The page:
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by James Huang
April 6, 2016
Photography by James Huang
Trek didn’t just launch a new bike when it debuted the Domane endurance platform in 2012; it introduced a groundbreaking way to increase rider comfort with its innovative IsoSpeed ‘decoupler’ — a mechanical pivot at the seat cluster that allows the entire seatmast and seatpost to flex much more under load than a more traditionally built frame. IsoSpeed is once again what defines the Domane but a second-generation, adjustable version has now been incorporated into the brand-new Domane SLR family along with a front version to match, creating what is quite possibly the smoothest-riding road bike on the market.
The original IsoSpeed concept relied on the entire seat tube to flex under bump forces but this latest Domane SLR borrows the current Madone’s twin seat tube design to separate structural and ride comfort roles. The new Domane SLR still incorporates a ‘decoupler’ at the seat cluster but whereas the original Domane’s seat tube and integrated seatmast were one continuous section, those parts are split apart on the Domane SLR and sandwiched next to each other with the smaller half behaving like a flattened leaf spring. The main seat tube is now rigidly attached to the top tube and down tube as on a conventional carbon fibre frame while the thinner, secondary seat tube is moulded as one piece with the no-cut integrated seatmast and anchored down near the bottom bracket. It’s this smaller, secondary frame section that passes through the IsoSpeed decoupler.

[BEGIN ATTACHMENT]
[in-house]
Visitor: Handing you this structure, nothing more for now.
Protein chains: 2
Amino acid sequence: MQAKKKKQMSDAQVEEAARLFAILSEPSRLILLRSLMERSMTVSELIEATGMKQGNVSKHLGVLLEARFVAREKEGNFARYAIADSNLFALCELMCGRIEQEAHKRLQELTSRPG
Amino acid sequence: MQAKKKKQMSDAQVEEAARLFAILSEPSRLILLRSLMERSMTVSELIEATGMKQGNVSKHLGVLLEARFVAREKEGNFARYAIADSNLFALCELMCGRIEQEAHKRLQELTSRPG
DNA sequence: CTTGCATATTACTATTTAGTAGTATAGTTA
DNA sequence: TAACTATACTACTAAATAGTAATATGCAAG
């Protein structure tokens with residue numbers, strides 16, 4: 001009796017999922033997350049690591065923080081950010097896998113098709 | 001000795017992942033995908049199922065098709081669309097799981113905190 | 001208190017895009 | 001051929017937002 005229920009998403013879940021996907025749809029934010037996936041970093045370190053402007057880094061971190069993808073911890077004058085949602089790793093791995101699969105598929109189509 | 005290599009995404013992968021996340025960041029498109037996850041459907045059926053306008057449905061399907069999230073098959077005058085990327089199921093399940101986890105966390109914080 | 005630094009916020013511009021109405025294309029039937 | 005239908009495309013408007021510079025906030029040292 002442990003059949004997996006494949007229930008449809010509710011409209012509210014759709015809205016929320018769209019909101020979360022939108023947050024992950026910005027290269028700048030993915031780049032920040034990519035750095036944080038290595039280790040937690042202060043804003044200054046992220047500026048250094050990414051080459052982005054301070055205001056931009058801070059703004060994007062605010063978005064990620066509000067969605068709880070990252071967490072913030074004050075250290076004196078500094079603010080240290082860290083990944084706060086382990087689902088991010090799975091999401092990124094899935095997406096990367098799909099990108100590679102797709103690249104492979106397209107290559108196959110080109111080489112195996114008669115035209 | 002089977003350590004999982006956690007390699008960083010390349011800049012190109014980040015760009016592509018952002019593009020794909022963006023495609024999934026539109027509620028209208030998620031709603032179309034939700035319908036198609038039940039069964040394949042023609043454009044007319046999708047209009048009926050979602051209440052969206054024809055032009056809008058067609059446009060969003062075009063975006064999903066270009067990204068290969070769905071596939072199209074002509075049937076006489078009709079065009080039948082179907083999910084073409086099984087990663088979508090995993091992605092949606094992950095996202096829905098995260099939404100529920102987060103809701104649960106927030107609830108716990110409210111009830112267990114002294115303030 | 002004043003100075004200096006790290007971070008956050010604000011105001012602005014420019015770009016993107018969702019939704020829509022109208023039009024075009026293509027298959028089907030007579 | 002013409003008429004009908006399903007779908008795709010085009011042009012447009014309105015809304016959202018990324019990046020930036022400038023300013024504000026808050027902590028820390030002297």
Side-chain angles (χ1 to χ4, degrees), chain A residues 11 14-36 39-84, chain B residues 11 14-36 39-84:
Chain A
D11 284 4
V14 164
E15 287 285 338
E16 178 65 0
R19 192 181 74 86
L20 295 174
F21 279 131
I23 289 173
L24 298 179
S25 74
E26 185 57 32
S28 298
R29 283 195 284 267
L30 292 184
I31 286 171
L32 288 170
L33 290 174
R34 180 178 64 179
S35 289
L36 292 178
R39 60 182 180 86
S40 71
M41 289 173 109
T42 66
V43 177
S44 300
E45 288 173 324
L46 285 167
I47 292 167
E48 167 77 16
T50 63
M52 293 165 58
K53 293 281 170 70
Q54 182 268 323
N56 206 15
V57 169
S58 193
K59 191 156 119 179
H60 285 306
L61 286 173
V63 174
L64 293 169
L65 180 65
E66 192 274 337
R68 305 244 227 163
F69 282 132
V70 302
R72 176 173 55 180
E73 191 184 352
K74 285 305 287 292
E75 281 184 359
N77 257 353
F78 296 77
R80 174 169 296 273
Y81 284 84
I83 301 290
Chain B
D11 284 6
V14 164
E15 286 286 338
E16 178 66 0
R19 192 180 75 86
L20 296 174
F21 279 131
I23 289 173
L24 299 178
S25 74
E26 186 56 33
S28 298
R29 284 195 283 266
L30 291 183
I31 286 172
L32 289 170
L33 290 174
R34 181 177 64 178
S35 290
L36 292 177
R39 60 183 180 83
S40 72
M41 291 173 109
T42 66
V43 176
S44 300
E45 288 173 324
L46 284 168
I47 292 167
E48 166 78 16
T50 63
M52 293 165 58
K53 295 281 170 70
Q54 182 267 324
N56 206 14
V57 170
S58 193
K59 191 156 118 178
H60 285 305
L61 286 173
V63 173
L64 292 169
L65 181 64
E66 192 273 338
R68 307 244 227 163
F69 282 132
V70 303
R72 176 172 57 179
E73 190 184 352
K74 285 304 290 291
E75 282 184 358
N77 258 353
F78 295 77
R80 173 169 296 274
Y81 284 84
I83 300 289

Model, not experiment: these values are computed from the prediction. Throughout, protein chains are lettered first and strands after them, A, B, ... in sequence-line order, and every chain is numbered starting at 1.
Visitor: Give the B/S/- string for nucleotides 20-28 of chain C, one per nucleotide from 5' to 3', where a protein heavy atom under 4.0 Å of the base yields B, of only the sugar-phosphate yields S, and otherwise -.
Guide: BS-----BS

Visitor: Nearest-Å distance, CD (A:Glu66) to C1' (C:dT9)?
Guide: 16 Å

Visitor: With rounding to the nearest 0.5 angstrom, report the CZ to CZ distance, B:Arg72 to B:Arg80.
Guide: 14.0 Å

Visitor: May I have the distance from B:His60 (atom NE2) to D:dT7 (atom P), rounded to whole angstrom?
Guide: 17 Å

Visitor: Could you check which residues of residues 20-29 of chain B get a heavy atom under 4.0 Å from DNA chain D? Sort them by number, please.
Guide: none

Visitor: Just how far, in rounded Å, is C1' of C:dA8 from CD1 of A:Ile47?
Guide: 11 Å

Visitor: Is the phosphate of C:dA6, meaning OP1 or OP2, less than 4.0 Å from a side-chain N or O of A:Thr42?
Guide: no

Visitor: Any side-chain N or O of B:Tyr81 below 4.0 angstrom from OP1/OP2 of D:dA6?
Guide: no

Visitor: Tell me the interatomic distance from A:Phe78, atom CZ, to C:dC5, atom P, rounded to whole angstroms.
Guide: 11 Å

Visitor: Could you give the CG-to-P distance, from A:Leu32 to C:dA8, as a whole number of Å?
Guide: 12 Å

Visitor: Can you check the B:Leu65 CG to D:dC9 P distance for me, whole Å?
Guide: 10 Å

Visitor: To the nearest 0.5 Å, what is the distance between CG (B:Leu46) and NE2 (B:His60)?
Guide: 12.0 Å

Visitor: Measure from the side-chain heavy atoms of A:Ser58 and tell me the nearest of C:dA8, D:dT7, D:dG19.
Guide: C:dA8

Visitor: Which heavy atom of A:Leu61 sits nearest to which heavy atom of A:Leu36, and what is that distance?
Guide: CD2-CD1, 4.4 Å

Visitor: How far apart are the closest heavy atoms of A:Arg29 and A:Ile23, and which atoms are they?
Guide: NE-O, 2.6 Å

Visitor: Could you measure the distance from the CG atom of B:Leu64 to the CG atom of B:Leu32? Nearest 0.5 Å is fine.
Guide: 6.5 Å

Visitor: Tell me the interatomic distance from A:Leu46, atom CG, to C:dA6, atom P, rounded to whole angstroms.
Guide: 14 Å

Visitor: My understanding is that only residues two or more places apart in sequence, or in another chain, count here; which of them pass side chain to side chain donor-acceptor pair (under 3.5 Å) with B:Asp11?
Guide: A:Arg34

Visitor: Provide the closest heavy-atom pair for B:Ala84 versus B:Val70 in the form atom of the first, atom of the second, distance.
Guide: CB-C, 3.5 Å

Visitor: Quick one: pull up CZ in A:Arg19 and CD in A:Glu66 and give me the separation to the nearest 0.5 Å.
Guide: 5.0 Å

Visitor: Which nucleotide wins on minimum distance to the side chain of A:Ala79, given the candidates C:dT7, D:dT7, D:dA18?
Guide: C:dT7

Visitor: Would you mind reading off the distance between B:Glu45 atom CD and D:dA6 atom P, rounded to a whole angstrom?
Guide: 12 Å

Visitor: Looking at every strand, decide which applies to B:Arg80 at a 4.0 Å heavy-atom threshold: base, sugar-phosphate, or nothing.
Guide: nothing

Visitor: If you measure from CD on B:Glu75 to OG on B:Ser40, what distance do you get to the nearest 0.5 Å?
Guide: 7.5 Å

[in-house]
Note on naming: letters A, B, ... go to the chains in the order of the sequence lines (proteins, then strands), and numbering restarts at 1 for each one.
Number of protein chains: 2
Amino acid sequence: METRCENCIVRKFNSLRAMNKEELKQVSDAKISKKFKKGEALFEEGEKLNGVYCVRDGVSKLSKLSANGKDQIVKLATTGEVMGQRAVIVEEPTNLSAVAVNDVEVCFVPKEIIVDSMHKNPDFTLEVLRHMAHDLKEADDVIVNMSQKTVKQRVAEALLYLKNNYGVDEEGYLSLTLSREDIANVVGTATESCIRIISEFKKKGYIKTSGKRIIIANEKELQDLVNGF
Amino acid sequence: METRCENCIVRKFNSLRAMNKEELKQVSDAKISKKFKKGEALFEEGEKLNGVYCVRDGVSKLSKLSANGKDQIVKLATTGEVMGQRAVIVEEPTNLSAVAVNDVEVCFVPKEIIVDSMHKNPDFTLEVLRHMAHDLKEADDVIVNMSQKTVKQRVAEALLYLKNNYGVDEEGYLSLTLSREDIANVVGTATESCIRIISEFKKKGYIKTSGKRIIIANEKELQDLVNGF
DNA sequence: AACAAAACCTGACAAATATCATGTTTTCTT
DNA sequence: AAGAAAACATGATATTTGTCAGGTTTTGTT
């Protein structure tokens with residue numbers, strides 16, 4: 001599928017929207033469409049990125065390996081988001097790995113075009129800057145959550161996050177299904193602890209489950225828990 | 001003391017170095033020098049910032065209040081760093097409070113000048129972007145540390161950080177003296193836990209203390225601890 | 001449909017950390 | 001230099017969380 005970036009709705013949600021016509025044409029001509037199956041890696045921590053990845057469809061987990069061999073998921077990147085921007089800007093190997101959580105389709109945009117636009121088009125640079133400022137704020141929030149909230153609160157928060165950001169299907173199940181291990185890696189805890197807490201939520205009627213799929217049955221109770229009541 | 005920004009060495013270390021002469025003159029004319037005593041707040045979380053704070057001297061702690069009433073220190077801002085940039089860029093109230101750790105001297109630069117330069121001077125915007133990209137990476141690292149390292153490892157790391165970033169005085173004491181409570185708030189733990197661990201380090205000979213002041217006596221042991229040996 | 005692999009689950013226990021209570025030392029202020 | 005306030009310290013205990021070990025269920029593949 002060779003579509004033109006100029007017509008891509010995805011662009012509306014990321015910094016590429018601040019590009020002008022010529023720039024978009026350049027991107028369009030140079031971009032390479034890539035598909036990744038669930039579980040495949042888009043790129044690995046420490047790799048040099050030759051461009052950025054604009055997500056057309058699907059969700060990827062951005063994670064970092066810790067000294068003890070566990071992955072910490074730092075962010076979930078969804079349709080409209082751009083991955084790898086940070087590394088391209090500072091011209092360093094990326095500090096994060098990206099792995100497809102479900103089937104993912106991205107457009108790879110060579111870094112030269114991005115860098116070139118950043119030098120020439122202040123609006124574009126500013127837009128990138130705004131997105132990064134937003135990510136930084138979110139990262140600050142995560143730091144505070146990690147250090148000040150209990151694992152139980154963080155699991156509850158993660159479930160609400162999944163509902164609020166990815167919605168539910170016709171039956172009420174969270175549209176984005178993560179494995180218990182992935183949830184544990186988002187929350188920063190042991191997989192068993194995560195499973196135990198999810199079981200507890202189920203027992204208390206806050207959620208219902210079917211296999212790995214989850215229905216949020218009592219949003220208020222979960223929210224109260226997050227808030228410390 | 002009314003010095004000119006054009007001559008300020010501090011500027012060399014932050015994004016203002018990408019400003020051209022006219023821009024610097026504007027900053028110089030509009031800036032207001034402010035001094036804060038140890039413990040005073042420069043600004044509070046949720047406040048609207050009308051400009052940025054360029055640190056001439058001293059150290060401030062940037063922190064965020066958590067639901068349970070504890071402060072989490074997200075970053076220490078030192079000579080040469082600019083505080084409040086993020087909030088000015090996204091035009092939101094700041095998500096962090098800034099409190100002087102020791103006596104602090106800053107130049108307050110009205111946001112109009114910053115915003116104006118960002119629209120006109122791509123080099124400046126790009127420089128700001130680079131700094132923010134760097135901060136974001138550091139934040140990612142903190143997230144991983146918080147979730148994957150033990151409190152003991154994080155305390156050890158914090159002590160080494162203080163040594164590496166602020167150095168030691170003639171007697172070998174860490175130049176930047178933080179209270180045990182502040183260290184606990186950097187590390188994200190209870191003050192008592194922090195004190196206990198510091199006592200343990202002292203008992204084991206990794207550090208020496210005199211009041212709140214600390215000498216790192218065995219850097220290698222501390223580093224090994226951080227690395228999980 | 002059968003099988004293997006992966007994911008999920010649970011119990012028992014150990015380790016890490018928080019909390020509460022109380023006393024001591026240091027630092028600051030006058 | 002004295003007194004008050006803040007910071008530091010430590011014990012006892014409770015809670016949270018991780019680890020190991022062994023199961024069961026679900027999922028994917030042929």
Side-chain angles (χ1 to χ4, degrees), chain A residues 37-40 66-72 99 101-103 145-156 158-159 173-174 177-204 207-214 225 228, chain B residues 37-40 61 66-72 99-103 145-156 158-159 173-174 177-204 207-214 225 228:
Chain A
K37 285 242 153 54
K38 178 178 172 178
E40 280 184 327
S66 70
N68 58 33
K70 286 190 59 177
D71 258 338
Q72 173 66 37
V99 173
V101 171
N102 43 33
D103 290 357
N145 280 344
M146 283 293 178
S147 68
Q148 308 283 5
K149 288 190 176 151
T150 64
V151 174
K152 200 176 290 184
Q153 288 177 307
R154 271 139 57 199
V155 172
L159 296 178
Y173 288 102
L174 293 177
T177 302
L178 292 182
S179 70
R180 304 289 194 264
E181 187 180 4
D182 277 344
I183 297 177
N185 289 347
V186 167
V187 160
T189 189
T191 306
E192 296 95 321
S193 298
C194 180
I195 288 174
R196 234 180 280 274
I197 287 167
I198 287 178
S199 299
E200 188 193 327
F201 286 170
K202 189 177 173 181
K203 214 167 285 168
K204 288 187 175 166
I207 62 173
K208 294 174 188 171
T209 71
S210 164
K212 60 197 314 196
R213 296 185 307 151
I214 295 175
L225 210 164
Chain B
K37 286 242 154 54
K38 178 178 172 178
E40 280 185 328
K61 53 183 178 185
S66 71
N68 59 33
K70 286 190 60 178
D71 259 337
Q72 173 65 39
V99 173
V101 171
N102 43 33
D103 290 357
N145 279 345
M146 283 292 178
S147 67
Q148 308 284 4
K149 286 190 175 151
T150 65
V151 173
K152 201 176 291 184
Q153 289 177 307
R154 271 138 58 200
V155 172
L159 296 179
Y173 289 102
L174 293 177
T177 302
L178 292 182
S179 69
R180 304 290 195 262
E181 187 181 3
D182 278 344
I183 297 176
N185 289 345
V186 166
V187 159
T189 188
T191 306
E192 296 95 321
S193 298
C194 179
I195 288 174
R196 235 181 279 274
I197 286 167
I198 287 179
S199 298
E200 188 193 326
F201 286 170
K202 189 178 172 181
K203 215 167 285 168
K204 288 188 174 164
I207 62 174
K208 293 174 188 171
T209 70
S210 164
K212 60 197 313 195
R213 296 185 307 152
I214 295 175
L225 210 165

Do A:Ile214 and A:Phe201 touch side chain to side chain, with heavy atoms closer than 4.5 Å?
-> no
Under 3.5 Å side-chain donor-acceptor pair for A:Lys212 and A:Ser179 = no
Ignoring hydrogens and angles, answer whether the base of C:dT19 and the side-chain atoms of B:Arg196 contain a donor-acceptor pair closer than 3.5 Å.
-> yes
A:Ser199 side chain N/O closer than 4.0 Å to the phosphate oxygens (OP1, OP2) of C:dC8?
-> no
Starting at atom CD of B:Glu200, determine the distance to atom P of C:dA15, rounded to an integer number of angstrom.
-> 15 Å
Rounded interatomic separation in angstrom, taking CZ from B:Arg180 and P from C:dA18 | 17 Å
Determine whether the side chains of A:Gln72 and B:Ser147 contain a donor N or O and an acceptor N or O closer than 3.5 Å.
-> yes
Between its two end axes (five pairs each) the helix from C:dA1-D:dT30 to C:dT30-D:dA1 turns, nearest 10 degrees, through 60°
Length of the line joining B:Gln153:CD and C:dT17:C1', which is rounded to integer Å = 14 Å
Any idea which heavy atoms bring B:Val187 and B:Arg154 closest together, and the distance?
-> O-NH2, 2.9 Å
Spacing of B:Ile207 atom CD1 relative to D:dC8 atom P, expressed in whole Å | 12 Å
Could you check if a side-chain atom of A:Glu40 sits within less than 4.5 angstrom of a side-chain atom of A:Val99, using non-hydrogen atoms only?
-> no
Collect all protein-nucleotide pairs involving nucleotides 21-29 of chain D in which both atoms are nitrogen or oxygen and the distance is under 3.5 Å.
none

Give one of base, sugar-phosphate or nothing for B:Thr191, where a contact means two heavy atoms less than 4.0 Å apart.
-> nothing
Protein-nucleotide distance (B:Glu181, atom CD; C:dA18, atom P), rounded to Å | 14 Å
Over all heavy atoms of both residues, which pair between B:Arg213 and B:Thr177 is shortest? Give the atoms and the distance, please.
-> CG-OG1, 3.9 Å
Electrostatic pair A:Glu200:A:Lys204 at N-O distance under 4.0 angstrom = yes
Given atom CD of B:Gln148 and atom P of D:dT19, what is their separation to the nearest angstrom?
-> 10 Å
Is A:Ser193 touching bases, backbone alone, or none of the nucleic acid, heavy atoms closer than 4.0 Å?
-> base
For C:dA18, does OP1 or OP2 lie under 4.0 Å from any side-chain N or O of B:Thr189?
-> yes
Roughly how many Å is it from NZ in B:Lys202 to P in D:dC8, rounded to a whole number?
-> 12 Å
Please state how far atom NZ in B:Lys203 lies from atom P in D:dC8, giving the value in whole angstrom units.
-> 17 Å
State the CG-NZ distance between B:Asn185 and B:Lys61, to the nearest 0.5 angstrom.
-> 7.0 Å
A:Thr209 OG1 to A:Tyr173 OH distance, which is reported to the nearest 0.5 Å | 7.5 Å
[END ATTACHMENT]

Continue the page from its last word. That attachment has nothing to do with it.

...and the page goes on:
Quite ingeniously, you can now even tune the stiffness of that spring by sliding the spacer that separates the two seat tubes up and down. Moving it toward the bottom bracket yields the longest spring and softest spring rate; moving it up makes it progressively shorter and stiffer. According to Trek, the most comfortable setting is now 14% softer than before but the least is 25% more firm. Changing the ride quality requires just a few seconds with a 4mm hex wrench and your fingers.
The nested seat tubes almost seem like a single piece of carbon fibre from afar but when you remove the anchor bolt at the bottom, you can see that they’ve very much separate pieces.
While the original Domane was an impressive achievement, one of the most pointed criticisms was its somewhat disjointed ride quality: the rear end was super cushy but the front end was comparatively harsh. Rather remarkably, Trek has managed to replicate the IsoSpeed mechanism up front with a pivoting subassembly housed inside the top of the head tube that lets the steerer tube bend more on bumpy terrain. The result is a much more balanced ride on the Domane SLR.
“[The development of Front IsoSpeed] started very early on, even before we launched the last bike,” Trek road product manager Ben Coates told CyclingTips. “We consistently felt and heard that the rear end was so good that it made the front end feel noticeably different. But in that compliment was an opportunity that we couldn’t get out of our minds. As we were racking our brains how to balance out the ride, some product manager just kept saying, ‘I don’t understand why you can’t just take that from the back and put it in the front.’ After a few months, a couple of our engineers got together and had an a-ha moment.”
Underneath the Front IsoSpeed’s cosmetic cover and rubber seal is the same type of pivoting ‘decoupler’ that Trek uses out back.